Does God Choose for Us?

How to decipher God's will—without the fear of messing up.

I was at a bridal brunch recently where the hostess praised the bride for her patience in finding a husband and because she "allowed God to choose for her."

It’s a recurring theme in Christian circles, a sweet sentiment, but is it true? If God chooses for us, then what role does obedience play in our faith? When we “let God choose,” are we canceling out our independent ability to choose grace?

But this goes far beyond a default Christian catchphrase. It taps into the ongoing philosophical debate of free will versus determinism. Basically, this poses the question: Do you have the ability to make independent decisions to determine your future, or are you merely a pawn in the game of destiny that has already been decided by your birth, genetics and socioeconomic status? Can you decide your future, or has your future already been decided for you by lots of independent variables all strung together?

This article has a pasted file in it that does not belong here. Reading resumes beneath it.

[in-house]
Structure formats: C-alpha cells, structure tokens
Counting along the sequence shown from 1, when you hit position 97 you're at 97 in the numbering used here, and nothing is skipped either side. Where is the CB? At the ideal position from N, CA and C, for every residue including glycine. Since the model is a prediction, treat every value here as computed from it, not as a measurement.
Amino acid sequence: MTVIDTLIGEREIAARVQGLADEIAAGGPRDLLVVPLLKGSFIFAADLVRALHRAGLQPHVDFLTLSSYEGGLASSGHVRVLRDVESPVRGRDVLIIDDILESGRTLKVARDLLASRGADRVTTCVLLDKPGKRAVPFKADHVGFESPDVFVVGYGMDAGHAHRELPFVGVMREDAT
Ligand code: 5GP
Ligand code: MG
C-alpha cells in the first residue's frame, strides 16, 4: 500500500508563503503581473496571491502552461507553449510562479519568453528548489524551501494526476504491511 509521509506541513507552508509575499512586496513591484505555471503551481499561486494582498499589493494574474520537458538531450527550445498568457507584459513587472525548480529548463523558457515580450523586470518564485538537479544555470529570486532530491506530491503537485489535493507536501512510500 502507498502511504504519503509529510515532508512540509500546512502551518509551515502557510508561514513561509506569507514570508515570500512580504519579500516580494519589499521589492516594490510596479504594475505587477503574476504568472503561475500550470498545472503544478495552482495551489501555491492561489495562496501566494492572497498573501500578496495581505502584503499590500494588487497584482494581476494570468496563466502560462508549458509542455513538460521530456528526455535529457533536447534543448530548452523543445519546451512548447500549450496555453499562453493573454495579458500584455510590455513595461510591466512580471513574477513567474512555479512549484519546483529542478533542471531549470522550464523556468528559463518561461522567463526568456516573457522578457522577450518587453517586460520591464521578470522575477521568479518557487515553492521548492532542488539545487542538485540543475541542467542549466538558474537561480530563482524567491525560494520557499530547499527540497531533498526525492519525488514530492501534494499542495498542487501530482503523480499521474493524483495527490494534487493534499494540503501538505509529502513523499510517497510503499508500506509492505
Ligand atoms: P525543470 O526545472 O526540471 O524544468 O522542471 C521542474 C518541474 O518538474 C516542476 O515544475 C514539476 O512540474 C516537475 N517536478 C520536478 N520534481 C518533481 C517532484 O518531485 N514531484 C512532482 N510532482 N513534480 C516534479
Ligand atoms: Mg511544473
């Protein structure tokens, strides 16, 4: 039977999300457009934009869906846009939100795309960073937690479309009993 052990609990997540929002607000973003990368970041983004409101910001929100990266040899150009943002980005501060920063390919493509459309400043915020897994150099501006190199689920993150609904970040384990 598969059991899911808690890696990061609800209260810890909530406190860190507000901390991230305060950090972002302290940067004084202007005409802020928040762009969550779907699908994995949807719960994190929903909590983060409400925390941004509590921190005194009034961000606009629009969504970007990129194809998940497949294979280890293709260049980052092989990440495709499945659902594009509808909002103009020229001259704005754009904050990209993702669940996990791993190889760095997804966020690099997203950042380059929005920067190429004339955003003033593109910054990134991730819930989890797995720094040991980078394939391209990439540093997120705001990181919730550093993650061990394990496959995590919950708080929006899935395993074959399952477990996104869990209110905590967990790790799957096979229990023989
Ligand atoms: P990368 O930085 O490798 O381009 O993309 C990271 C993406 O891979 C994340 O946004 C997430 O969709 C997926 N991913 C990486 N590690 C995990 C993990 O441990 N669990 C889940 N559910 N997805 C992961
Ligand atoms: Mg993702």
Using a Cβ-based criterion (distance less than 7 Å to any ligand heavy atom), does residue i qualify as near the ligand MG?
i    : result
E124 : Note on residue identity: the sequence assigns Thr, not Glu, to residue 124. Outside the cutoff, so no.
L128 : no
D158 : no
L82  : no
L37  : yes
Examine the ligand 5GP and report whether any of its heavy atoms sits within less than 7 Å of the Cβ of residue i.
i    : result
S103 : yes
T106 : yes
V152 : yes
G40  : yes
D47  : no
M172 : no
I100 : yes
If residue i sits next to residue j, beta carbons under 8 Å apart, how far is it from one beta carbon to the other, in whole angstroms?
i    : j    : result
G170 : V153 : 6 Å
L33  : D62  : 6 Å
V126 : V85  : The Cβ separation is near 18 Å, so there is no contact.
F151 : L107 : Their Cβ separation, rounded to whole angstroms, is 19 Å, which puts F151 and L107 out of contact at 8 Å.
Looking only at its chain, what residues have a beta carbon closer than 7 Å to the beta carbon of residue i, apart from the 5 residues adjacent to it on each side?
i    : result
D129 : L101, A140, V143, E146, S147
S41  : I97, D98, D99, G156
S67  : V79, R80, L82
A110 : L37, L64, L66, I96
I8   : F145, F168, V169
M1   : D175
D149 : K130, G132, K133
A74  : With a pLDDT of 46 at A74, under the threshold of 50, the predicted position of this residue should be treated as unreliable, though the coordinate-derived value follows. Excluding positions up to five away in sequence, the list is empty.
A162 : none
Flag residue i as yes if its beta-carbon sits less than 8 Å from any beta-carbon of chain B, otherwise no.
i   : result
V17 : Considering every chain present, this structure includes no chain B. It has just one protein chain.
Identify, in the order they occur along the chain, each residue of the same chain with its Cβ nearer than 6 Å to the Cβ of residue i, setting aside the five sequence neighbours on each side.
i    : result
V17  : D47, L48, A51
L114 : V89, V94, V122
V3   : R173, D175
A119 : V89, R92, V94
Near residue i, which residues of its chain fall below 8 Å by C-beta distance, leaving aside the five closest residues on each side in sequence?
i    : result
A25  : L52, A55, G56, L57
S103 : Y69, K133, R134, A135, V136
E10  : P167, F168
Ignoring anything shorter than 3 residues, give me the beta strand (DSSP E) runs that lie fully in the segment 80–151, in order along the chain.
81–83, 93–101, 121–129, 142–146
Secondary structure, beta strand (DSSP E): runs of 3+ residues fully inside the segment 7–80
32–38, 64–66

If you are, in fact, walking down the one path God has laid out and no other path exists, you can easily derail His entire plan by making one small mistake.

For Christians, it’s of course also a spiritual issue. Can we decide our own future, or has a rigid path already been laid for us to which we must adhere? Is there room for free will, creativity and choice, or are we robots who pursue a pre-determined path? Do we get to decide, or have these decisions already been made for us?